Moreover, there is little or no understanding of how the grid behaves. The computational grid is recognized to be a very dynamic system. Monitoring and analysis must be conducted on-line - offline approaches are not viable. Furthermore, attempting to control a poorly understood system is a recipe for catastrophe. There have been a number of famous failures of the power grid.
The most essential thing is to understand the dynamics of the grid, with all its non-determinism. Here we propose to investigate concepts from process control theory. This very fledgling work is being conducted in the context of research activities related to the global state estimation and optimisation of compute-clusters. Measurement is crucial. This is a subject in which Trinity College Dublin has long had an interest, particularly at the instrument and analysis level.
For traditional (control-driven) execution models, maximally-optimized message-passing provides the upper bound for efficiency. The optimizations may be complex and counter-intuitive - maximally optimizing a message-passing program requires significantly greater effort and expertise than for shared memory. The reasons for this are clear: message passing requires explicit data placement and communication, whereas for shared memory this is done implicitly. The grid will exacerbate this situation. The motivation for shared memory is to eliminate the need to expend so much effort.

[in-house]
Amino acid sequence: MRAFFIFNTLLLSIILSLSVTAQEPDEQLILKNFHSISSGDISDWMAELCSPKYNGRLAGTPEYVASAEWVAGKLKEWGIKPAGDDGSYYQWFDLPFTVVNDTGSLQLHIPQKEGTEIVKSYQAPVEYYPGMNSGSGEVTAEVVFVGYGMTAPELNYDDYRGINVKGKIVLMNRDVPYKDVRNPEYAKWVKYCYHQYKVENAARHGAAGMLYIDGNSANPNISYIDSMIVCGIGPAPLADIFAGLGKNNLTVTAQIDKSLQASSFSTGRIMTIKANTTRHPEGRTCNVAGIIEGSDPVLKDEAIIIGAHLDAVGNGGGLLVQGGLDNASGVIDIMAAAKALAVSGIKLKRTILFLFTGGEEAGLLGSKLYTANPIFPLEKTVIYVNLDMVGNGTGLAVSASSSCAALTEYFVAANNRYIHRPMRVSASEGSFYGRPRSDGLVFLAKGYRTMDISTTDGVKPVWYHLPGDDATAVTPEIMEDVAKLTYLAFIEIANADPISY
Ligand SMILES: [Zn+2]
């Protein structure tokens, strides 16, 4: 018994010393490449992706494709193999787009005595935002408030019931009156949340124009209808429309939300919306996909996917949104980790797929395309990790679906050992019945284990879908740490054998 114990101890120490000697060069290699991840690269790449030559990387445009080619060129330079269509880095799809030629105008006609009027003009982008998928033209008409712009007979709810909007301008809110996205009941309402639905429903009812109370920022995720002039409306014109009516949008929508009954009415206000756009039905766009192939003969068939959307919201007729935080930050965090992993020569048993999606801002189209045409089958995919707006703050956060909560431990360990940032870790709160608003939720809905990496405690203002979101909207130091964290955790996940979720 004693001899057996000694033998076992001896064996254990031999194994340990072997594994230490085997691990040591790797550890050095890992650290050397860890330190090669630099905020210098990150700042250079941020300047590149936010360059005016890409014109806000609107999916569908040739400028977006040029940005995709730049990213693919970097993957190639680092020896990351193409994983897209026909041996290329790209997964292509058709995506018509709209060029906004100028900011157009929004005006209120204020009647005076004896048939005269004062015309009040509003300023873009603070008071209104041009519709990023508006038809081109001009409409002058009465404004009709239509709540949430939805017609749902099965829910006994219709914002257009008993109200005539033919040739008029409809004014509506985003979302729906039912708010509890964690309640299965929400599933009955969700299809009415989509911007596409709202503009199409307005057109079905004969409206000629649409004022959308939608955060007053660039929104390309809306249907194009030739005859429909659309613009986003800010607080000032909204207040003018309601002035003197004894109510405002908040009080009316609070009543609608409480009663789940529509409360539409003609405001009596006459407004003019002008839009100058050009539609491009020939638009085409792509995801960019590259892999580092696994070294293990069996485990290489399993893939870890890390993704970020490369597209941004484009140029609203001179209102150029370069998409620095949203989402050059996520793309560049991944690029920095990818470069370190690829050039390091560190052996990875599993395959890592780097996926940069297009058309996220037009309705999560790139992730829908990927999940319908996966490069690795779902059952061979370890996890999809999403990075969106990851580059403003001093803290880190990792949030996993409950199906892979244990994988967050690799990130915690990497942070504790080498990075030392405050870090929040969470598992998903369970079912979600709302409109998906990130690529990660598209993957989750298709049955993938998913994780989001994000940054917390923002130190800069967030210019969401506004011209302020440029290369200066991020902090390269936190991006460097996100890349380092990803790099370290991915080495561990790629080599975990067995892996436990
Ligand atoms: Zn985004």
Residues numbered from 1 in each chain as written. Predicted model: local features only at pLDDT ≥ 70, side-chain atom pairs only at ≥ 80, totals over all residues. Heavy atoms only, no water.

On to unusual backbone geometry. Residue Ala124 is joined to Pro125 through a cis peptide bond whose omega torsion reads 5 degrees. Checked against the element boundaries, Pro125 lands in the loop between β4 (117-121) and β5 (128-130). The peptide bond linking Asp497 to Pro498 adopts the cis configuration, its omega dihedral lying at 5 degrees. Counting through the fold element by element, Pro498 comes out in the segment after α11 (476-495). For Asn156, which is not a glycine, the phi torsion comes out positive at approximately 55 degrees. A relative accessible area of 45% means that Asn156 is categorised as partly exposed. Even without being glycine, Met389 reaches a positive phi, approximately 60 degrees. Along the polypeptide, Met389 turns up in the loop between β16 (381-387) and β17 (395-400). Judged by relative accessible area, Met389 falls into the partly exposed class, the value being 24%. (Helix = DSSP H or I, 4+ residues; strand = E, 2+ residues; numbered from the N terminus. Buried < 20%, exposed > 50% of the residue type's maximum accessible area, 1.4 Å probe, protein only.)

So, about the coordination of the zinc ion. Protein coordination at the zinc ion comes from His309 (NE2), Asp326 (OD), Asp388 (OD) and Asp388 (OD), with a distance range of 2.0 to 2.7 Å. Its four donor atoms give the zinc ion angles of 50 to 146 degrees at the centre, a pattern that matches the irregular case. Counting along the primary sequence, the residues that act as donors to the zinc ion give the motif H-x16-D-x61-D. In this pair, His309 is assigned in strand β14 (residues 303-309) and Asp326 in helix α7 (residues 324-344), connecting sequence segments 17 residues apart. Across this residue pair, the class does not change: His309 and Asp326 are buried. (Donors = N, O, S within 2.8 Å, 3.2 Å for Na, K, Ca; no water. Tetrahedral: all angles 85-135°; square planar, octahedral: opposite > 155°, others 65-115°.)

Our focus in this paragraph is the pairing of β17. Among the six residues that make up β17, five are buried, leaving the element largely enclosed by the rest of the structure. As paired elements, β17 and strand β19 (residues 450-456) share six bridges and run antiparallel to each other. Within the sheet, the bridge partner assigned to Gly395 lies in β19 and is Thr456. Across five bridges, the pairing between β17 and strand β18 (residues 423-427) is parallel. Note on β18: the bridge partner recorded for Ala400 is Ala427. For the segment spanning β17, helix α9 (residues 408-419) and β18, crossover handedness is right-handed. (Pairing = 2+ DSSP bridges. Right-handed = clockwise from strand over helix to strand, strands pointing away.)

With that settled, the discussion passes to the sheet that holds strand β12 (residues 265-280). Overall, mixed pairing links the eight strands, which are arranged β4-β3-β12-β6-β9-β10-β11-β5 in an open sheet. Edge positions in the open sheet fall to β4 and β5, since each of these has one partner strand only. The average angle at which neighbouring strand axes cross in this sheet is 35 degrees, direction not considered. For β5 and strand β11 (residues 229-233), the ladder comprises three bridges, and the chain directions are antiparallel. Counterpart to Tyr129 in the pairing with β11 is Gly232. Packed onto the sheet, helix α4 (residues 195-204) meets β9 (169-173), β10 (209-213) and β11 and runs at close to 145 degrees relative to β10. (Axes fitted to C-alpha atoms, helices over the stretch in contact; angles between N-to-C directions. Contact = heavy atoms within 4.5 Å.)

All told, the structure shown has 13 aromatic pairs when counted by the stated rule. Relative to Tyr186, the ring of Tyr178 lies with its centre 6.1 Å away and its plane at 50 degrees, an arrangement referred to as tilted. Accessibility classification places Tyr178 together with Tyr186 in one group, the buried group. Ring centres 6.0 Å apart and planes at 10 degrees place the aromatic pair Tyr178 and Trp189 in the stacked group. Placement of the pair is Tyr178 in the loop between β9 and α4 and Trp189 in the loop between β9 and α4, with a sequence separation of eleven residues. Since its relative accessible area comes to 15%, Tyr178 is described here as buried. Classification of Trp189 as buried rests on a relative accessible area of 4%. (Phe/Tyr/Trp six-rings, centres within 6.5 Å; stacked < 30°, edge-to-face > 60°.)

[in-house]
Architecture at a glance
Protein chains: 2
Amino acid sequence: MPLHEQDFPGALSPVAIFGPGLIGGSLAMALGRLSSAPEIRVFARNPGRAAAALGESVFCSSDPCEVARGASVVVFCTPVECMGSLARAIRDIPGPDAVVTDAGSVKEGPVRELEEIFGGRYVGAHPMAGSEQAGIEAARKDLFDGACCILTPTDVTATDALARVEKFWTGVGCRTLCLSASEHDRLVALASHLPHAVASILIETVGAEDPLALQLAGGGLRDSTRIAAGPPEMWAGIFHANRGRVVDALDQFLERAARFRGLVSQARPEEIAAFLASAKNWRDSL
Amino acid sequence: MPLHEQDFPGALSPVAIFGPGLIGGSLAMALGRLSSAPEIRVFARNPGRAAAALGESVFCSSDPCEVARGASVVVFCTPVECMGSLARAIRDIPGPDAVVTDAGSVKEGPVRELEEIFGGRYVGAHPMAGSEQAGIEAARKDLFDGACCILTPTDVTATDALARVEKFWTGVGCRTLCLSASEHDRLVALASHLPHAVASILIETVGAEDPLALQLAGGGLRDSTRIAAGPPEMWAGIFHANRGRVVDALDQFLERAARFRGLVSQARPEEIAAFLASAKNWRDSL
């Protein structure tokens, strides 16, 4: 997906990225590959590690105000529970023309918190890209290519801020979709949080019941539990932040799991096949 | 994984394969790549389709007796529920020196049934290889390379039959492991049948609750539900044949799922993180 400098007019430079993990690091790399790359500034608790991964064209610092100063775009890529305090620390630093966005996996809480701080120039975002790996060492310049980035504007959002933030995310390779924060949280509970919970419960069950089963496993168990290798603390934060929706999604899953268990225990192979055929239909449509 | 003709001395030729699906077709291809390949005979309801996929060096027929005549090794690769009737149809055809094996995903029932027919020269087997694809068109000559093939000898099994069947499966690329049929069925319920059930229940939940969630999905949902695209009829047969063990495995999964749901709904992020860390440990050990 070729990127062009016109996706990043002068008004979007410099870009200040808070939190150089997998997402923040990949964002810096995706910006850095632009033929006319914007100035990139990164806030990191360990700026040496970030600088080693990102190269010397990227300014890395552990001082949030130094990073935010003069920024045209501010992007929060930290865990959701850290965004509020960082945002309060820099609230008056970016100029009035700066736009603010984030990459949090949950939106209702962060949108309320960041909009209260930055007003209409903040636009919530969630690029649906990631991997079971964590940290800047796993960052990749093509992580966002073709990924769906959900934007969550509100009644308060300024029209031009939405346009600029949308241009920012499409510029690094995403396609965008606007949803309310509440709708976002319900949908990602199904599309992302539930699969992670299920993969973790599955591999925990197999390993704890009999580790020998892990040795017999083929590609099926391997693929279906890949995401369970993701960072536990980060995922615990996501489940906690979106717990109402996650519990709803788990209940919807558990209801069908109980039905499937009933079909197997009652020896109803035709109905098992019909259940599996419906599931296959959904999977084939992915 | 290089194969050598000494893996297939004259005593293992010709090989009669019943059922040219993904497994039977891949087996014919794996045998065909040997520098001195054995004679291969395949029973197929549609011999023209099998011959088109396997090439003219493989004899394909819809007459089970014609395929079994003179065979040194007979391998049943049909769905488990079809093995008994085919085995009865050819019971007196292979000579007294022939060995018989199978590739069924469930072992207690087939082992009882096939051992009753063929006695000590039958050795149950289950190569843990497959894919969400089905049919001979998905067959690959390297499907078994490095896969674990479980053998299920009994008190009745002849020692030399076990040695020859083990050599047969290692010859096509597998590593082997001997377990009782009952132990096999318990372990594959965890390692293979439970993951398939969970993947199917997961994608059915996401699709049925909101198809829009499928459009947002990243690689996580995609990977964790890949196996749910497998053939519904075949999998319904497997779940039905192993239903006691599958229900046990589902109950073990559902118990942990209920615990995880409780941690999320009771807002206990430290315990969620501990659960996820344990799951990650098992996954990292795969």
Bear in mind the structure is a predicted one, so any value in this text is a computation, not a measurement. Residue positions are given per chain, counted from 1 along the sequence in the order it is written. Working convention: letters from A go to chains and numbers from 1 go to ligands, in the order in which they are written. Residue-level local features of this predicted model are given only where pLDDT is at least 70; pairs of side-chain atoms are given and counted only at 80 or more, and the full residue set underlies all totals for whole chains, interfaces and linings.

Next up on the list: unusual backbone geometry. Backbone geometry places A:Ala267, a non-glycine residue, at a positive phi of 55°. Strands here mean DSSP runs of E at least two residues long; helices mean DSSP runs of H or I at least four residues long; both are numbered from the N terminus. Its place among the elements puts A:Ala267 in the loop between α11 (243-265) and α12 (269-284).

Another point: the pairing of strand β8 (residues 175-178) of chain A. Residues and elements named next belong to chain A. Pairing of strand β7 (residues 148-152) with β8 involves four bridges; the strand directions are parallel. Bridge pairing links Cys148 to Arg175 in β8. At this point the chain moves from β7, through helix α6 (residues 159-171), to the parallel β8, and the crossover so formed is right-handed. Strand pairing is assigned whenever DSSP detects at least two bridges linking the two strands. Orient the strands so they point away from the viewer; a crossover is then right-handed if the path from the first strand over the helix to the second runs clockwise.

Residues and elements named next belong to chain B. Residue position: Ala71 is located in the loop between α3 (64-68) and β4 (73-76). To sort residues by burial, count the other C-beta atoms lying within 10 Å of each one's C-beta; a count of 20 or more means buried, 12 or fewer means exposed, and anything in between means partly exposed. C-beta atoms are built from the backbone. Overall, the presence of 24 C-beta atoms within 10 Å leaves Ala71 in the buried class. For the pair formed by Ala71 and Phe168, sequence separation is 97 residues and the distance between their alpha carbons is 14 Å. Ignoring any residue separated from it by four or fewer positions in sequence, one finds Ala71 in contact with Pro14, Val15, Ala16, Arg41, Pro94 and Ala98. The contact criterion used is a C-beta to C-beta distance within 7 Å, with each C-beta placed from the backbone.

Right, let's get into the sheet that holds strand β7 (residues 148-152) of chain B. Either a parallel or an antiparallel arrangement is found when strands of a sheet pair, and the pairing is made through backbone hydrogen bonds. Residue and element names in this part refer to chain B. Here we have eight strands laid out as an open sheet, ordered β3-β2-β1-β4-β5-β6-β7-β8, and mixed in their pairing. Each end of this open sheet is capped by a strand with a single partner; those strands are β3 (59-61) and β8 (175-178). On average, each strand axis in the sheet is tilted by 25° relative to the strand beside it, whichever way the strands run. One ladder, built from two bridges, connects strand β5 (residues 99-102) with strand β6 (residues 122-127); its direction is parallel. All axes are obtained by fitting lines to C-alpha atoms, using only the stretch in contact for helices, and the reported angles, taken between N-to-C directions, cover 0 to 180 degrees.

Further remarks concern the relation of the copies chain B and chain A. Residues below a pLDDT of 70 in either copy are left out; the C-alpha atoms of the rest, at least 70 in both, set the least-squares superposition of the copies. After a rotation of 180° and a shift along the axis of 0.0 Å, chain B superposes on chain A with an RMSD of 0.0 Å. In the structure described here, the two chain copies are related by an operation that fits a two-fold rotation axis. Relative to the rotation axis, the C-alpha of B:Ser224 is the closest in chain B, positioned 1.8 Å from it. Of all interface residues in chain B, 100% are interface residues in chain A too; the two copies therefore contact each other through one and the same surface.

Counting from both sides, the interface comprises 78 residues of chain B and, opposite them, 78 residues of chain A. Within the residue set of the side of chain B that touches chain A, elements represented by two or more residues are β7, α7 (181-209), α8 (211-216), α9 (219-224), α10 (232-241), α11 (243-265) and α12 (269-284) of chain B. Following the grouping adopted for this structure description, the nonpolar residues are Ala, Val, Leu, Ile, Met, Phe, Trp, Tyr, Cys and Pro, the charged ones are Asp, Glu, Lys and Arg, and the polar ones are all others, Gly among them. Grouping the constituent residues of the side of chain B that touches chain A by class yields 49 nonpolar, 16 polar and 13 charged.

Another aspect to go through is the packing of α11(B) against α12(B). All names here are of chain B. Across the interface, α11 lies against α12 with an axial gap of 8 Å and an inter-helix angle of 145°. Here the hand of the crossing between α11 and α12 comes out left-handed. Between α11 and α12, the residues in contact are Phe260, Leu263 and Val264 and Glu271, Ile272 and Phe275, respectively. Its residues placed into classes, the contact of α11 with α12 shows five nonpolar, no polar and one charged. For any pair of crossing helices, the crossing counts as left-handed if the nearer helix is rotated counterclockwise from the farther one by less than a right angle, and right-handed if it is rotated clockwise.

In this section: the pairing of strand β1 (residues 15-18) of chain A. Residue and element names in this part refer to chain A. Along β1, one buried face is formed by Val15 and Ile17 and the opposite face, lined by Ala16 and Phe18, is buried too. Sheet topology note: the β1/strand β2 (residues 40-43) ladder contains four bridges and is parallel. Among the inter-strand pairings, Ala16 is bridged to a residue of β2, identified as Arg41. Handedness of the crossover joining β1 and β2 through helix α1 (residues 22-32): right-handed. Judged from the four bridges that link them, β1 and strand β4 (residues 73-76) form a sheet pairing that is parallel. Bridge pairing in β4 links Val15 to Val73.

From the programmers point of view, it is easier if at all times all processes have a consistent view of the contents of shared data structures. However, parallel programs require synchronisation for correct (race-free) execution. Many shared memory optimizations exploit this fact and weaken consistency. Generally the weaker the consistency, the less the message traffic, and on the grid this will assume greater importance. The unfortunate reality is that, despite this, message-passing is the most efficient solution, at least in critical places in a program. In an attempt to overcome this, we propose to explore the realm between these extremes. There are a number of very interesting possibilities. This is very speculative research.
Brian Coghlan - Trinity College Dublin
Tel: +353 1 6081 766
Michael Manzke - Trinity College Dublin
Tel: +353 1 6081 797